Federal wildlife refuge pondered for Lower San Pedro River


Lower-San-Pedro-River1The U.S. Fish and Wildlife Service is considering a collaborative conservation and management initiative along the Lower San Pedro River that could become a national wildlife refuge in the future.

In Cochise County, the proposed refuge would begin as the river narrows between Benson and Cascabel and run northwestward to and beyond the county line, according to the plan. The refuge would extend for two miles on both sides of the river’s banks.

According to information provided by Jeannie Wagner-Greven, FWS lead planner, the initiative would involve interested landowners, land-managing agencies, local communities, non-profit organizations, businesses and the public “… who share a vision of a healthy river system while contributing to, rather than detracting from, local economies and the livelihoods of area residents.”

“We have discussed this proposal with many local stakeholders over the past year and learned what people care about in the river valley,” stated Walker-Wagner.

The San Pedro River is the last major free-flowing river in the Southwest that does not have a dam, and is recognized as one of the primary bird migratory corridors with estimates of up to 4 million birds traversing the green corridor between Mexico and breeding grounds in the West.

“The San Pedro River basin is considered to be a ‘keystone’ transition zone that sustains biodiversity in other eco-regions. The San Pedro contains vital habitat for approximately 250 species of migrant and wintering birds and over 100 species of breeding birds. The river is designated critical habitat for southwestern willow flycatchers,” she continues.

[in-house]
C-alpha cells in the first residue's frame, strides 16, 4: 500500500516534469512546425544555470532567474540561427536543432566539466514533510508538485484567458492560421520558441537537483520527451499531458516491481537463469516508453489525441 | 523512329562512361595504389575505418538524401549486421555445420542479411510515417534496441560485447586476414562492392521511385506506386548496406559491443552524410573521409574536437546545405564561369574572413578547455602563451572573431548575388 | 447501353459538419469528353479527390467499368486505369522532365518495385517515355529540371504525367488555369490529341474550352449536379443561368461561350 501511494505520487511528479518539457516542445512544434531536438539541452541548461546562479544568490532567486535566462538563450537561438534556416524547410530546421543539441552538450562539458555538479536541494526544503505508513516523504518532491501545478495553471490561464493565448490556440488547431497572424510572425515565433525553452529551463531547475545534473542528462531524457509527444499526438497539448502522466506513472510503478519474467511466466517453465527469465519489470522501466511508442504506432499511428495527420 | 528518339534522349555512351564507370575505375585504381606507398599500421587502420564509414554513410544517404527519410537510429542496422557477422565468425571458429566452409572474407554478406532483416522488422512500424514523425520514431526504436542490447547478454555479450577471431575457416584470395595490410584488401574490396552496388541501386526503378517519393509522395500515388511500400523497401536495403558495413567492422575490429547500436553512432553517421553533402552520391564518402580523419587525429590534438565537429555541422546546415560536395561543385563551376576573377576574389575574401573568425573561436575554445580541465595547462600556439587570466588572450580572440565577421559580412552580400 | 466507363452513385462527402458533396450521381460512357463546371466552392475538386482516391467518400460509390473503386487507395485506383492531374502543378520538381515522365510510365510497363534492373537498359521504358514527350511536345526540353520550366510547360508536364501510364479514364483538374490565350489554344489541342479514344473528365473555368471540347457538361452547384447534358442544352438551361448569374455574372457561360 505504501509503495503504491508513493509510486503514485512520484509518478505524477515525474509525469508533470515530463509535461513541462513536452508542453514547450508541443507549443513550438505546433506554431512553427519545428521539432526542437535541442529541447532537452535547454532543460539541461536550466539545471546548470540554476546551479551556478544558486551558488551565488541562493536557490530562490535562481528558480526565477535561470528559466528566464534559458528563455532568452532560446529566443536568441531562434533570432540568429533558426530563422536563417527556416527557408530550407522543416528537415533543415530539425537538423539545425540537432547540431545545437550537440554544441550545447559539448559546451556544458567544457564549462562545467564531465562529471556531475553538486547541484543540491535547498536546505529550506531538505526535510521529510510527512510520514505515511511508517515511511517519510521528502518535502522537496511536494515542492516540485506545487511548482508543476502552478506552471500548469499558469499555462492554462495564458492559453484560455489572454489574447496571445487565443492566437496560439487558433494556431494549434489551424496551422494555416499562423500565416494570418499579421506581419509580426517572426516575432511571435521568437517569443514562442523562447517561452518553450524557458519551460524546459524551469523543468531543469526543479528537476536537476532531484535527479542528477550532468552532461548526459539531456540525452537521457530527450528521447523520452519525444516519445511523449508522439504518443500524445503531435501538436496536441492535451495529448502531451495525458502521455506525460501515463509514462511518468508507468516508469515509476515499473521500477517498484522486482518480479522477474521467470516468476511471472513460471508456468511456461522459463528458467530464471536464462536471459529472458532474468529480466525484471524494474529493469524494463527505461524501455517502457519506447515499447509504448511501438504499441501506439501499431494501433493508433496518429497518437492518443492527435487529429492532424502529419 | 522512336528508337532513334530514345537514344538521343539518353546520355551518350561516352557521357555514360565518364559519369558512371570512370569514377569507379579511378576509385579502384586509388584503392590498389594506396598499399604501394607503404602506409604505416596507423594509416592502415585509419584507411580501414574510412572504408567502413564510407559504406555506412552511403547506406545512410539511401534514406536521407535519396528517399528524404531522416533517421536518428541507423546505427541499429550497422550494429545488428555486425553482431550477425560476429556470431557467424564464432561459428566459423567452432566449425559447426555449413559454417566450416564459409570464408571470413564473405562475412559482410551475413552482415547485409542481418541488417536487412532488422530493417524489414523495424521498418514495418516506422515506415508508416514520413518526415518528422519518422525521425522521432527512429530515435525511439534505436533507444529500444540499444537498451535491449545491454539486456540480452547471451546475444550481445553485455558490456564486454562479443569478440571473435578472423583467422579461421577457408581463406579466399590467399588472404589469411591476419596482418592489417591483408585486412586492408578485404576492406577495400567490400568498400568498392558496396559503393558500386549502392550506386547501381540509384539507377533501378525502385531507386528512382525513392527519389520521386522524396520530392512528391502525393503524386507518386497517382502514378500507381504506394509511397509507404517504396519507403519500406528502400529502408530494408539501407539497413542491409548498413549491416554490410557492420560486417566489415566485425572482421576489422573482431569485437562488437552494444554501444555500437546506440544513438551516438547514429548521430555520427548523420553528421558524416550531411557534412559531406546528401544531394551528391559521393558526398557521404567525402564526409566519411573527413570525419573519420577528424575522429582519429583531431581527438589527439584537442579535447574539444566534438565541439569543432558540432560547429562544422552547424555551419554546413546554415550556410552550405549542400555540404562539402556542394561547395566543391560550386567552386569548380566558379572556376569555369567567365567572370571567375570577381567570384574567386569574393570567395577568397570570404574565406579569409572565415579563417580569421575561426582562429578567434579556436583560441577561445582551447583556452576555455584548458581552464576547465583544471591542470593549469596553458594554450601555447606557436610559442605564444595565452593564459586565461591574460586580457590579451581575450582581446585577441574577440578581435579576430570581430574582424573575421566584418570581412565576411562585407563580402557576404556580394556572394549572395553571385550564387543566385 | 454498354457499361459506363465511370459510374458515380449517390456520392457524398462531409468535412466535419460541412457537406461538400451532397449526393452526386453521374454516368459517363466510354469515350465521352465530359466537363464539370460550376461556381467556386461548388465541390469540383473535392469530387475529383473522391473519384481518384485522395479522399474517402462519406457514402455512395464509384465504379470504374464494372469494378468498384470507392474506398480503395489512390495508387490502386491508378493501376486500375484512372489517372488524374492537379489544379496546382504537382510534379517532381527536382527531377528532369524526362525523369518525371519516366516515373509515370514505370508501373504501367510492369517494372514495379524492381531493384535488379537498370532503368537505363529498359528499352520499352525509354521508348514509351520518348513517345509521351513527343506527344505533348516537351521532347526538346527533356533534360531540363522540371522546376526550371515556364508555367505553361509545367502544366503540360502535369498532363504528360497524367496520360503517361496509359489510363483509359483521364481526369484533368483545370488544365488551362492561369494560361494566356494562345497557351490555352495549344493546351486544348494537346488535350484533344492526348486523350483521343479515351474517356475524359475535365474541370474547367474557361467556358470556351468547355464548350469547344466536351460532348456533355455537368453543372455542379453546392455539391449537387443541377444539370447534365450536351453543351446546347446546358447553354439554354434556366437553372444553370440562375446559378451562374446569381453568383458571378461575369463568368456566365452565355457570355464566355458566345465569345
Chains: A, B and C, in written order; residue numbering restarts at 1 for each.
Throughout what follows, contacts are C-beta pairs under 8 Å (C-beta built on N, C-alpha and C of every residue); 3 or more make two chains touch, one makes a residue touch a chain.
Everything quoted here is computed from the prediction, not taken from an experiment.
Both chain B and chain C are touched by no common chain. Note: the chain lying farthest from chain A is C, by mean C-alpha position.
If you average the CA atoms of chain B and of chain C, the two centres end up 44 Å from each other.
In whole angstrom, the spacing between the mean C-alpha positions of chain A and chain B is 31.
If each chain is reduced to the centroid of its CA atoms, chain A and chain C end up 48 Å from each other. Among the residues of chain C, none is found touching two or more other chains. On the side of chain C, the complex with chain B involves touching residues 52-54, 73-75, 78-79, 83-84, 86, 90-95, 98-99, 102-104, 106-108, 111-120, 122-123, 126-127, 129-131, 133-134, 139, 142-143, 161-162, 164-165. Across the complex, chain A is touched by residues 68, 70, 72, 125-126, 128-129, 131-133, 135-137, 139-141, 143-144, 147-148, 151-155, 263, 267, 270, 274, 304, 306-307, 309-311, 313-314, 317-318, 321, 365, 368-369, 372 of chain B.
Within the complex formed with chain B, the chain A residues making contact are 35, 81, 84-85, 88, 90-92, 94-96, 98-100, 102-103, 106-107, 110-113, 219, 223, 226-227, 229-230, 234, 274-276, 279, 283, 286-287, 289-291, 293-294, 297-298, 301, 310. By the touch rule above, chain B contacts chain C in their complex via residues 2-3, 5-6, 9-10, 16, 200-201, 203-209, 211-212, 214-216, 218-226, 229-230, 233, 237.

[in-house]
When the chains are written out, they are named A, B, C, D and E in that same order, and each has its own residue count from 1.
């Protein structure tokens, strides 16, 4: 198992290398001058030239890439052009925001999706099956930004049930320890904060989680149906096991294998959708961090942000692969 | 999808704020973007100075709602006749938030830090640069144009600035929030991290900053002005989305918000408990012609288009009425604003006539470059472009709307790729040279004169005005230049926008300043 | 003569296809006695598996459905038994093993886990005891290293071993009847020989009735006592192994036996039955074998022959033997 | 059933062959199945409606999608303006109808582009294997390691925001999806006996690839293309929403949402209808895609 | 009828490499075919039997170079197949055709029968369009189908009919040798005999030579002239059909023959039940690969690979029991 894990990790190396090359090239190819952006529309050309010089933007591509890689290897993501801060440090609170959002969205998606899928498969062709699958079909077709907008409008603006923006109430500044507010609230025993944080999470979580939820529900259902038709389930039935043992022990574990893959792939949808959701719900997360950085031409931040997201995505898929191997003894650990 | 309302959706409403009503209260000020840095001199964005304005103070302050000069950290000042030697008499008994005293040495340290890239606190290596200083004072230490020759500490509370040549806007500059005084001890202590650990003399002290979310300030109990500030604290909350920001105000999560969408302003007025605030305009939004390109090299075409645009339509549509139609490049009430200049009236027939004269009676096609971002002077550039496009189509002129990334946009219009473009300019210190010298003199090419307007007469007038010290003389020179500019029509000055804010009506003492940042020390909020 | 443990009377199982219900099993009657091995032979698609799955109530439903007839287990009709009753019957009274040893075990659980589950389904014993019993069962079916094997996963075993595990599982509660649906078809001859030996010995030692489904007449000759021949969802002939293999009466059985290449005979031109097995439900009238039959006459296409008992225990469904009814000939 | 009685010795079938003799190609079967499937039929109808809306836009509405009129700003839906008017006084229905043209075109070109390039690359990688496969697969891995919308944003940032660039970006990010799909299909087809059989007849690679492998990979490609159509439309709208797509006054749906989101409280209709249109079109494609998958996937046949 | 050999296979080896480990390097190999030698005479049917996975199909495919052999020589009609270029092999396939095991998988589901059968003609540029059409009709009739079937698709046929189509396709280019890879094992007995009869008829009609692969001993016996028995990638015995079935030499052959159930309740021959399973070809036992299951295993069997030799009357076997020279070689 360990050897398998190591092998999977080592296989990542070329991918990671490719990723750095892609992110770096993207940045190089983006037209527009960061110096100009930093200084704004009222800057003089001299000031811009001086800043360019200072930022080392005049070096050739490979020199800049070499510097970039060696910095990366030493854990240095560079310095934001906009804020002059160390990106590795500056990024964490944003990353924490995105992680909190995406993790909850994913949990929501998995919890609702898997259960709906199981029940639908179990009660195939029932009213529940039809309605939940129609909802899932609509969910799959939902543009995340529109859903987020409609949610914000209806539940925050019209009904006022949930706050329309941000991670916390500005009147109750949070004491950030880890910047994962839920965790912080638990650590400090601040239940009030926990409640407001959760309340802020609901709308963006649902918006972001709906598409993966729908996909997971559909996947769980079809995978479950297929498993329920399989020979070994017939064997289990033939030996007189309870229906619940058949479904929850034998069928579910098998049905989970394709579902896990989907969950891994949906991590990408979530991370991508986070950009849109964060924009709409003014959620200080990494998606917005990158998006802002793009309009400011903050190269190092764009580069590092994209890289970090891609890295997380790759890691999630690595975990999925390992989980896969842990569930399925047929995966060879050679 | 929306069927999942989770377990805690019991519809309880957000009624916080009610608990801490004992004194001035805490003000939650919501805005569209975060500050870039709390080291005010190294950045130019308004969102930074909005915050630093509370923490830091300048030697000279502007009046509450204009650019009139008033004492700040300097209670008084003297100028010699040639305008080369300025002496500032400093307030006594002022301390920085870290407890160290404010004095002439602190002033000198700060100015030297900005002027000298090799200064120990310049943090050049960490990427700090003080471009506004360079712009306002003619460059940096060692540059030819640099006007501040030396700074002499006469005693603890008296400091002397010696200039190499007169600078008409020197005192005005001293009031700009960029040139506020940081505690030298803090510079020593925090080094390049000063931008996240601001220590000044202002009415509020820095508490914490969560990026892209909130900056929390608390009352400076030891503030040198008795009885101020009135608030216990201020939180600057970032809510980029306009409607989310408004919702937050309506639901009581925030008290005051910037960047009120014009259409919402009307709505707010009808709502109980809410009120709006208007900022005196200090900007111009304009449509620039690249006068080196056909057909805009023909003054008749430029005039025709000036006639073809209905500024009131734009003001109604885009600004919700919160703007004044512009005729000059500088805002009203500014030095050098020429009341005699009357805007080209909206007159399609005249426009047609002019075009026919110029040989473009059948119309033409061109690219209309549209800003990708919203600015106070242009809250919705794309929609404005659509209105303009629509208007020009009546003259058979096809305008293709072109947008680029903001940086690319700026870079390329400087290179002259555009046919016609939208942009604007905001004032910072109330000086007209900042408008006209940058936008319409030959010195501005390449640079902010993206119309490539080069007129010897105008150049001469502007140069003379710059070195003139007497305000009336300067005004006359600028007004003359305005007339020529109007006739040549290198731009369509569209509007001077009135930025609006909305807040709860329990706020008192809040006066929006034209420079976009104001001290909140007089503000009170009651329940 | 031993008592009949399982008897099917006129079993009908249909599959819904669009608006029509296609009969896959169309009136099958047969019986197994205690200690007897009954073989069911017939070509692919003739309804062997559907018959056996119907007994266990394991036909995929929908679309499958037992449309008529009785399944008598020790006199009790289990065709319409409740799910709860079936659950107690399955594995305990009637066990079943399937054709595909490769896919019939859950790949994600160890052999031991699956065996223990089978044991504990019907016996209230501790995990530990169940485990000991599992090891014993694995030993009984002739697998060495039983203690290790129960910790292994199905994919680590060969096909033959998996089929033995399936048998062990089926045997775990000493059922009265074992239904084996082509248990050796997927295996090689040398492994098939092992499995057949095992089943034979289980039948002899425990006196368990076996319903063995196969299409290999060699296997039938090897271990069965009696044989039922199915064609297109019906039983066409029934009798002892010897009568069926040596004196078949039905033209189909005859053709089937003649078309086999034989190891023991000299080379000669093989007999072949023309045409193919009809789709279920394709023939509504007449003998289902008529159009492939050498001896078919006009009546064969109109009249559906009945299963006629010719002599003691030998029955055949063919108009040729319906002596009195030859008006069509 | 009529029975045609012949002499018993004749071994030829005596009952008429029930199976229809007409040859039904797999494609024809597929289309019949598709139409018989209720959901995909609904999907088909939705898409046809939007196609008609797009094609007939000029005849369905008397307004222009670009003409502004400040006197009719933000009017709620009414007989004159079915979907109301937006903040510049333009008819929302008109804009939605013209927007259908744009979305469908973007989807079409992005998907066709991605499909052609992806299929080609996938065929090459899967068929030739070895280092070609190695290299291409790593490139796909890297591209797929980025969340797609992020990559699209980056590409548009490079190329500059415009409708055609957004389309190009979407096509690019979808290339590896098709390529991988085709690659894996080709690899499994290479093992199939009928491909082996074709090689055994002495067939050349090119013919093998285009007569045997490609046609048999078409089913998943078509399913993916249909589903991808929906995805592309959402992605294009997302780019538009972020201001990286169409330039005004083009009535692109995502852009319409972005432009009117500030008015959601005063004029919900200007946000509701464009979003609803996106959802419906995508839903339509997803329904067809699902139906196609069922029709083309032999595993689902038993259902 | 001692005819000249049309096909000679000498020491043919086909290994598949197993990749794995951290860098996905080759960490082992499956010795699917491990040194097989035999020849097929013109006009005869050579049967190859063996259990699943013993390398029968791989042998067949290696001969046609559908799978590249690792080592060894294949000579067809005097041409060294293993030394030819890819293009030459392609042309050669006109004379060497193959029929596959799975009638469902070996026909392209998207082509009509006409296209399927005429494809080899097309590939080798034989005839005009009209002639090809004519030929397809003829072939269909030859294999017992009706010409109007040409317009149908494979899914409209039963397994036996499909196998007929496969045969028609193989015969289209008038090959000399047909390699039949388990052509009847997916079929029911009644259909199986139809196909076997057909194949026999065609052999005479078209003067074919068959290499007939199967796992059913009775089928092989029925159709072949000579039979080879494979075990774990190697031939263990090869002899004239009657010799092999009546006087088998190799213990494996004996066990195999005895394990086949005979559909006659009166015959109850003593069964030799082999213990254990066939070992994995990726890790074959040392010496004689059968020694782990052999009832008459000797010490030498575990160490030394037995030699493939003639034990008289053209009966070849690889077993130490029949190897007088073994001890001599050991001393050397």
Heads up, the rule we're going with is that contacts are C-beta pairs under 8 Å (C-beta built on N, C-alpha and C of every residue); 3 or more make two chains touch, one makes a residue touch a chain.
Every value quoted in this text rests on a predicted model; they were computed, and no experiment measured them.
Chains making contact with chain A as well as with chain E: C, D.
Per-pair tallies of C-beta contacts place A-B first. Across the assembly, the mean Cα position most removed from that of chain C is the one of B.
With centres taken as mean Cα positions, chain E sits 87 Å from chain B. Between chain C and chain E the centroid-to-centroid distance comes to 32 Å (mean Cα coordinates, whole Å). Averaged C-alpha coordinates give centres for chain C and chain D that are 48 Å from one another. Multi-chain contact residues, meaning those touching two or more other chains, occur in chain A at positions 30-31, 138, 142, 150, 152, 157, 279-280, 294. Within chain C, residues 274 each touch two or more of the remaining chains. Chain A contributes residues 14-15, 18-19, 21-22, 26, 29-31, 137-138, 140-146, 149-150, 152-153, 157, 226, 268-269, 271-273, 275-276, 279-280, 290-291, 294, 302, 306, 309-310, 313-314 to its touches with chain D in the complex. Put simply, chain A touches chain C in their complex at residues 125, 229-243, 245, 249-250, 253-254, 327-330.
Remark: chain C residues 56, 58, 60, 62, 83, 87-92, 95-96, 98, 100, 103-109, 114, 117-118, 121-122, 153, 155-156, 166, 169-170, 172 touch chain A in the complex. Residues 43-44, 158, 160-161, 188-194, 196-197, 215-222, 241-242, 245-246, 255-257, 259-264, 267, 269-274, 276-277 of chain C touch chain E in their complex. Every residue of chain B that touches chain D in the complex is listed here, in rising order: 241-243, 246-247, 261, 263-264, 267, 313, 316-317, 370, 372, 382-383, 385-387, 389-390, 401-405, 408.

With the federal protection provided through the San Pedro Riparian National Conservation Area, the Upper San Pedro River Valley, while fragile, has been successful in preserving this corridor for wildlife while creating an economic benefit through birding tourism. Actions taken by the Bureau of Land Management, which oversees the SPRNCA have been beneficial in bringing water flow back, albeit in small quantities, through the retirement of agricultural wells, desert scrub brush removal, conservation easements and ending cattle grazing along the river


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September 2012